Concern for Those Who Screen the Web for Barbarity - NYTimes.com
Enquête du NYT sur le business de la #modération du #Web-2.0 — et ses conséquences #psy chologiques :
Workers at Telecommunications On Demand, who make $8 to $12 an hour, view photos that have been stripped of information about the users who posted them. Rapidly cycling through pages of 300 images each, they are asked to flag material that is obviously pornographic or violent, illegal in a certain country or deemed inappropriate by a specific Web site.
(...) [the] president of Telecommunications On Demand (...) compared the reviewers to “combat veterans, completely desensitized to all kinds of imagery.” The company’s roughly 50 workers view a combined average of 20 million photos a week.
Last month, an industry group established by Congress recommended that the federal government provide financial incentives for companies to “address the psychological impact on employees of exposure to these disturbing images.”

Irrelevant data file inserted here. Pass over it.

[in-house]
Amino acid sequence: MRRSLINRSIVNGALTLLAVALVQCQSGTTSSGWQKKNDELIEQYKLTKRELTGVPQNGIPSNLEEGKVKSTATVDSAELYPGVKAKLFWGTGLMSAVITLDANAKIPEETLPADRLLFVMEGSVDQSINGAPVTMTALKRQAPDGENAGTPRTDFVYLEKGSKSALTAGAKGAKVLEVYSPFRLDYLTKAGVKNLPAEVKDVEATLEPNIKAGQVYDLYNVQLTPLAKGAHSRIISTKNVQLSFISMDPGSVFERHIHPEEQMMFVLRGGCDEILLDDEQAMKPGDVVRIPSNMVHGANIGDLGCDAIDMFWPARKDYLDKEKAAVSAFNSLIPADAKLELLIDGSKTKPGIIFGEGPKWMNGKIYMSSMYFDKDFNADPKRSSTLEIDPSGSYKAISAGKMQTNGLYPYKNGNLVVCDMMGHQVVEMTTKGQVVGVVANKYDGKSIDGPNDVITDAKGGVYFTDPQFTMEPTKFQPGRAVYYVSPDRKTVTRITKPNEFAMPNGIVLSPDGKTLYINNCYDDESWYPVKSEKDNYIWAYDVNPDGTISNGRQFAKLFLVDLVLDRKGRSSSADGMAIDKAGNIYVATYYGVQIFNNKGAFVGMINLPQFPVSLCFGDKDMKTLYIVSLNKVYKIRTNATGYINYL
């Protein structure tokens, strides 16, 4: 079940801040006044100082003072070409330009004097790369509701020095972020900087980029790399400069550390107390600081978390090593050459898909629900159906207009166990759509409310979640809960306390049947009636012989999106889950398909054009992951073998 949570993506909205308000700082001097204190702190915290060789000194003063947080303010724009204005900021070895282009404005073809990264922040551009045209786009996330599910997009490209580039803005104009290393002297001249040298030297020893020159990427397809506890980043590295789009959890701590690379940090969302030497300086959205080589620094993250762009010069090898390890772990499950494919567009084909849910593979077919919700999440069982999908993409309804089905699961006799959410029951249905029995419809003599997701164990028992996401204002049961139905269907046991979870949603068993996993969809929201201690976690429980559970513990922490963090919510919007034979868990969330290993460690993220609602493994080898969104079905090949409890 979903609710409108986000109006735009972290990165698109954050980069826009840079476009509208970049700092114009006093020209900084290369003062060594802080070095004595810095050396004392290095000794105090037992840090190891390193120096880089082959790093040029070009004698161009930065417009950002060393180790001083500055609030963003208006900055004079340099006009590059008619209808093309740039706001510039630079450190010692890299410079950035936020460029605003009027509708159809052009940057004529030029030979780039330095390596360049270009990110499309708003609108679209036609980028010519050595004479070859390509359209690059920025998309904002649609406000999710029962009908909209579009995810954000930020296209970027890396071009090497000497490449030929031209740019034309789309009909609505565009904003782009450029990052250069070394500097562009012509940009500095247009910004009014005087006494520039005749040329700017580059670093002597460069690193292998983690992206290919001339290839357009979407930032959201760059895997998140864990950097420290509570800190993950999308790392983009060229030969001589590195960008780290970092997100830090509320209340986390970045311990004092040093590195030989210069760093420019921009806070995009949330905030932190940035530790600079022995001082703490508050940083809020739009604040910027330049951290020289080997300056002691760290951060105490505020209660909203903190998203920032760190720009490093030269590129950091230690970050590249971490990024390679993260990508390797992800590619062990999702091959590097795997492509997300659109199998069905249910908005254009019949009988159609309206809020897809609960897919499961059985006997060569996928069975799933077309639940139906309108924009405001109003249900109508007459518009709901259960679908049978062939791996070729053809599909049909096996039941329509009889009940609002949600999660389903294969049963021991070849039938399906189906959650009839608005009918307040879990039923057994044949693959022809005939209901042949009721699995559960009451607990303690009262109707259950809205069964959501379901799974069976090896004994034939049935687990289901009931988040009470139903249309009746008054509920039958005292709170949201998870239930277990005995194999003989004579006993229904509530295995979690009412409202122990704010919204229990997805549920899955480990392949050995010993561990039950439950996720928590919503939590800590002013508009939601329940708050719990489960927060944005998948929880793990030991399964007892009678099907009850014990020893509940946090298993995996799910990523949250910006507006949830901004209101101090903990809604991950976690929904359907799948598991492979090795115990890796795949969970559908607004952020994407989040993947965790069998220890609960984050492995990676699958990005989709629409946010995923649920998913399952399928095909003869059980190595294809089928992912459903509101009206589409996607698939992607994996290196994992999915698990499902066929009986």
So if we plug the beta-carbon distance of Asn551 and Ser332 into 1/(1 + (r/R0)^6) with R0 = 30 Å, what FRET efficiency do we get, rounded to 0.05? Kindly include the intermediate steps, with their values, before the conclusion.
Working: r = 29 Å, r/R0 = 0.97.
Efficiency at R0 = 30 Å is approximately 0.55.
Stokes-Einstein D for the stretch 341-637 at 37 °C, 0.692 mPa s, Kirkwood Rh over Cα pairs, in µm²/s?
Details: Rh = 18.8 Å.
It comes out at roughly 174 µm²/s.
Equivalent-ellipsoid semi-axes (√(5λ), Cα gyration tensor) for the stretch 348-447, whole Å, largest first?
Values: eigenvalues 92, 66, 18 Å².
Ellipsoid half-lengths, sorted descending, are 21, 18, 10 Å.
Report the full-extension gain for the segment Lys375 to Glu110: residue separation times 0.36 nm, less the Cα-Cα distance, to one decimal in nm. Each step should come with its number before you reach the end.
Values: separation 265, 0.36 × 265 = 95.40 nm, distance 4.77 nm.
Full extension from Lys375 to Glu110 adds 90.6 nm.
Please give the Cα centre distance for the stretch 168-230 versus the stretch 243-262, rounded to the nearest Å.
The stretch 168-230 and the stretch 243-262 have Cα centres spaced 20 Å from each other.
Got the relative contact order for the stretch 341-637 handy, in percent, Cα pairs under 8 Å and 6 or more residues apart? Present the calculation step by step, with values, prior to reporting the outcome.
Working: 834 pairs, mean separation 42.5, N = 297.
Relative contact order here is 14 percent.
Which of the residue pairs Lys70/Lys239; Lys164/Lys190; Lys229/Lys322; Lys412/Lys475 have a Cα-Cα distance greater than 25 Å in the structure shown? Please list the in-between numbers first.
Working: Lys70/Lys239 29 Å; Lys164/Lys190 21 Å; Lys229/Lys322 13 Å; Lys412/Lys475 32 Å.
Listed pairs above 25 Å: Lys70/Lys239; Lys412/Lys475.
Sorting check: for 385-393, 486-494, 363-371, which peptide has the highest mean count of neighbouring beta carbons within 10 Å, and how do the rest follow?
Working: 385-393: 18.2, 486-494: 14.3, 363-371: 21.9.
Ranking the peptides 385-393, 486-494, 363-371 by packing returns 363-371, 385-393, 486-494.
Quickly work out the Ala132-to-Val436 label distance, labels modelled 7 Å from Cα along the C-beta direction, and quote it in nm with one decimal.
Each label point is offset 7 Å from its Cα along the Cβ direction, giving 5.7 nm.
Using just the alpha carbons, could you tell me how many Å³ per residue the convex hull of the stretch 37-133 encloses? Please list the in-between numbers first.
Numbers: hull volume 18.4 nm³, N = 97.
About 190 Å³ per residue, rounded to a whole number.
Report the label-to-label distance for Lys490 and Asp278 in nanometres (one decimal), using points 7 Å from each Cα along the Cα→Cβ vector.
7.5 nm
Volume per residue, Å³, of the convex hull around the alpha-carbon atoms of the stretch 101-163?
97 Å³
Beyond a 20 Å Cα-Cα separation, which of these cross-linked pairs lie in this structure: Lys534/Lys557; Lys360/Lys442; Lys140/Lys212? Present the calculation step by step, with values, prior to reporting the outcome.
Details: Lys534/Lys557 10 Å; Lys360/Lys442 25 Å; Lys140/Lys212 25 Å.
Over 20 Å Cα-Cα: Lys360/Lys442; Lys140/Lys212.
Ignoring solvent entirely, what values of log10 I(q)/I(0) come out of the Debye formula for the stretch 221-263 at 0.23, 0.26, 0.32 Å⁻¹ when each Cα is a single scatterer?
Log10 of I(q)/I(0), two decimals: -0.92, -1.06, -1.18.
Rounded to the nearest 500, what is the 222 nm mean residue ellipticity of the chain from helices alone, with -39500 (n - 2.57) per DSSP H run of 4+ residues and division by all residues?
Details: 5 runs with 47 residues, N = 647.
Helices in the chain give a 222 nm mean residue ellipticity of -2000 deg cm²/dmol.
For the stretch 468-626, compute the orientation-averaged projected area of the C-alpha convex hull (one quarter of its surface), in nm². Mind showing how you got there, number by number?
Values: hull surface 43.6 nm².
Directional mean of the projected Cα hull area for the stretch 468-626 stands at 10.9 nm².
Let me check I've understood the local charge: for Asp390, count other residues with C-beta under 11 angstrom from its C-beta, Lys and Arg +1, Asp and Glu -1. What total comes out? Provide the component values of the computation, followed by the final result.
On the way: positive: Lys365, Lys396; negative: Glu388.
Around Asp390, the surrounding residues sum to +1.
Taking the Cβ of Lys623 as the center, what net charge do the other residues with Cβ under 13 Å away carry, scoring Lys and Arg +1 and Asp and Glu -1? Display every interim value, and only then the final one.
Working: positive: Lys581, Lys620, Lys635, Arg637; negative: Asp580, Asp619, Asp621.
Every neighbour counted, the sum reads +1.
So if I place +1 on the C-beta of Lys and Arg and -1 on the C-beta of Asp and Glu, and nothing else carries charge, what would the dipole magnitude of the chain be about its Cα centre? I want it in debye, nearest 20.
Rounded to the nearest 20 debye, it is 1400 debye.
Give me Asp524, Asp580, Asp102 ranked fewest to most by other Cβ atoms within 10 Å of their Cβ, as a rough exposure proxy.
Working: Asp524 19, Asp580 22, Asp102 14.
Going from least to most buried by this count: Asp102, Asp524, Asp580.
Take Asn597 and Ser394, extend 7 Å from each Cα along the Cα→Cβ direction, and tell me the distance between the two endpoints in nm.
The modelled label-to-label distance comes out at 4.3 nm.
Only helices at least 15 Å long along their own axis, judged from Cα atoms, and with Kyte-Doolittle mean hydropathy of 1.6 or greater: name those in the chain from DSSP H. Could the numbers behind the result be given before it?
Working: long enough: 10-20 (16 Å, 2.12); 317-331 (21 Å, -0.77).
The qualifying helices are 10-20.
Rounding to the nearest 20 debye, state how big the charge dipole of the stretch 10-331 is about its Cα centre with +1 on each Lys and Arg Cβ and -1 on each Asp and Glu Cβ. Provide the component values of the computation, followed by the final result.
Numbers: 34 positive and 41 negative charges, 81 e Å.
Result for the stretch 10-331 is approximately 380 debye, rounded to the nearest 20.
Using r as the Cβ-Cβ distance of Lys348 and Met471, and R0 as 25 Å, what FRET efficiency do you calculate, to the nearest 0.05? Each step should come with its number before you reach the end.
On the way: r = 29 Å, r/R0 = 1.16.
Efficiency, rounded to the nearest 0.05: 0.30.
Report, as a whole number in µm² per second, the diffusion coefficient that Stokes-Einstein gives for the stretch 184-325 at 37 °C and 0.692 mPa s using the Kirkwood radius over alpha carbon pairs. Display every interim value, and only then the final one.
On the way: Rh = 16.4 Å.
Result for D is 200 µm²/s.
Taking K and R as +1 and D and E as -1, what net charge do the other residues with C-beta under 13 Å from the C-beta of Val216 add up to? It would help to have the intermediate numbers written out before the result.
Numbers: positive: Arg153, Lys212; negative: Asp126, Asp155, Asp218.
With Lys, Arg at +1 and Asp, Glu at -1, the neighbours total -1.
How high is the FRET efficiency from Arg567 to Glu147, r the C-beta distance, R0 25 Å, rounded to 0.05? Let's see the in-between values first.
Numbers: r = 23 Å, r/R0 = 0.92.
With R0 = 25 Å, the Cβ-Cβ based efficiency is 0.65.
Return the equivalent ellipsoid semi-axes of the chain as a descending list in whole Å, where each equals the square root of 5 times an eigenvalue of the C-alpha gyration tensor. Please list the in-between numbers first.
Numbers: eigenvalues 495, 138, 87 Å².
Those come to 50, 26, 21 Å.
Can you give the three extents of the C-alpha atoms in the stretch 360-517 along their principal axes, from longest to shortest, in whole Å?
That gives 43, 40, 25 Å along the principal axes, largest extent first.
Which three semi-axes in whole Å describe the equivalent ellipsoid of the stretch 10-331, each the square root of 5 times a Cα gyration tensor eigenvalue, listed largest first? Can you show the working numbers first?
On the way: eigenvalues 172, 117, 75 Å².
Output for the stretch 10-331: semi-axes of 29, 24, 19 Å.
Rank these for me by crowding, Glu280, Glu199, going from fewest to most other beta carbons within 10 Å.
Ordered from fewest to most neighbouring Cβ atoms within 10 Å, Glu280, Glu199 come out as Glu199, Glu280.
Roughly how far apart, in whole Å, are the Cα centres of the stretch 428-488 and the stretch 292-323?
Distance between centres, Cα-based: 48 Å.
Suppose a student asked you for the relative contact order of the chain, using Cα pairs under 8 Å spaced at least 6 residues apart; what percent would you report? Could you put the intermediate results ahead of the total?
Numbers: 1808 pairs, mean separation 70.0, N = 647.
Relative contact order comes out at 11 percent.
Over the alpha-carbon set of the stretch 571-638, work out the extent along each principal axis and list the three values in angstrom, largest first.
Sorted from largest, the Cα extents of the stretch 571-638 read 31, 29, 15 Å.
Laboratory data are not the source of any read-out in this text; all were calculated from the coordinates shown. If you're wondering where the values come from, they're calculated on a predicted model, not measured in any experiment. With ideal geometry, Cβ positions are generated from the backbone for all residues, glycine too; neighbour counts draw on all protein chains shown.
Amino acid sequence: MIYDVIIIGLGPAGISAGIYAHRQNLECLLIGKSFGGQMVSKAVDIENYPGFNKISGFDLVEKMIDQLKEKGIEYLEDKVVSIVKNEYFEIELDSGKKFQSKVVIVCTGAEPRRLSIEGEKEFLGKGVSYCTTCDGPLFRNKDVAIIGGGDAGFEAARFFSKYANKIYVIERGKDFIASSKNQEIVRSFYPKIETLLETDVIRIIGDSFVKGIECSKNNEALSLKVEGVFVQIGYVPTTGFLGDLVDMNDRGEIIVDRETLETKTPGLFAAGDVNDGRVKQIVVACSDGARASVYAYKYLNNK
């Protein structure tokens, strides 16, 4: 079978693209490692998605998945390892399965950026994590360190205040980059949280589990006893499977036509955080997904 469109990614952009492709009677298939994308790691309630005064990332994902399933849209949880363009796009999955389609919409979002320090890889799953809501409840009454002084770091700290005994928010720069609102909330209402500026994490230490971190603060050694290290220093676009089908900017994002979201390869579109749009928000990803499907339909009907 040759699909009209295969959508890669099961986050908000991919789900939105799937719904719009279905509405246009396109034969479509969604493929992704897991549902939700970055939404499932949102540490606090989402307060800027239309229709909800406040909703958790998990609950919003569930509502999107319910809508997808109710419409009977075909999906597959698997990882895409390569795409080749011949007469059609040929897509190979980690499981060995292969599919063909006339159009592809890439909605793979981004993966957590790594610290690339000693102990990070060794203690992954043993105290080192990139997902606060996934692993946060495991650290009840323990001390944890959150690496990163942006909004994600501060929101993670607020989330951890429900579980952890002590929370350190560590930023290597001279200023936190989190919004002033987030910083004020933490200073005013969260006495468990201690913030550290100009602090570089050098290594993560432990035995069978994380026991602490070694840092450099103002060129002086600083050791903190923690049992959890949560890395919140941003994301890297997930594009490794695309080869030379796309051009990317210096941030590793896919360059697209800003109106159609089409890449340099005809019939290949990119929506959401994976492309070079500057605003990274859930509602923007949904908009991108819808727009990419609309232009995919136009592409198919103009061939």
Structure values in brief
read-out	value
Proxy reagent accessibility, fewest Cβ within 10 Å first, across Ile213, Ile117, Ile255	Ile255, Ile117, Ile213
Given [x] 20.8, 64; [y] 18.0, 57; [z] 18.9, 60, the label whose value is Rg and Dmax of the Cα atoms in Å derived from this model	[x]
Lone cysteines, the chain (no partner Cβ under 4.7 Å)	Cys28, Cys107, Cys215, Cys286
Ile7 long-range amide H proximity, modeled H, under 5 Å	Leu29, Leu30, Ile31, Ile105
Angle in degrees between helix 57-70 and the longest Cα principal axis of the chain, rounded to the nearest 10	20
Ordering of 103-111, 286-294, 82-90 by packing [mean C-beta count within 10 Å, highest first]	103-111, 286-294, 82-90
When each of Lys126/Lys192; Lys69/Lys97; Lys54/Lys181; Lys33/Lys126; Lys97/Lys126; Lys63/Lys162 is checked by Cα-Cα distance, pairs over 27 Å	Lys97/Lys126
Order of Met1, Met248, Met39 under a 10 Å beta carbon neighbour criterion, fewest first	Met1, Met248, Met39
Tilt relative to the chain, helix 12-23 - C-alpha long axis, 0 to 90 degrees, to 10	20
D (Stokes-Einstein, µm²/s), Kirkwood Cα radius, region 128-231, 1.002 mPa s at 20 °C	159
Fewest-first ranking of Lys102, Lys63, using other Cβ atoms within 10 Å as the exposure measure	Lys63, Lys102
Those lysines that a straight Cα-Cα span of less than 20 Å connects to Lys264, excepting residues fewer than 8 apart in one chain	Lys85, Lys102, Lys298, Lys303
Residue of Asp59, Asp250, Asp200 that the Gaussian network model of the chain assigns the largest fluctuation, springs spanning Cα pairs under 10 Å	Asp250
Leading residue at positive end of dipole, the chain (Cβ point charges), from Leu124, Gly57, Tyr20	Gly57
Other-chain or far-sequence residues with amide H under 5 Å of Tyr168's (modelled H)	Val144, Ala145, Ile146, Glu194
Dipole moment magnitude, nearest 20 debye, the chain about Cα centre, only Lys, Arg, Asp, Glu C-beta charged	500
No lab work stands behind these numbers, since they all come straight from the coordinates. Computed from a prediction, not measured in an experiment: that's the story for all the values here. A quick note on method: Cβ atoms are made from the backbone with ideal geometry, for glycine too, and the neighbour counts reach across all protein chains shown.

Mr. Nigam, co-chairman of the group, the Online Safety and Technology Working Group, said global outsourcing firms that moderate content for many large Internet companies do not offer therapeutic care to their workers.
YouTube et #Facebook ne font pas appel à des sous-traitants en Inde :
#YouTube, a division of Google, is an exception. If a user indicates a video is inappropriate, software scans the image looking for warning signs of clips that are breaking the site’s rules or the law. Flagged videos are then sent for manual review by YouTube-employed content moderators who, because of the nature of the work, are given only yearlong contracts and access to counseling services, according to Victoria Grand, a YouTube spokeswoman.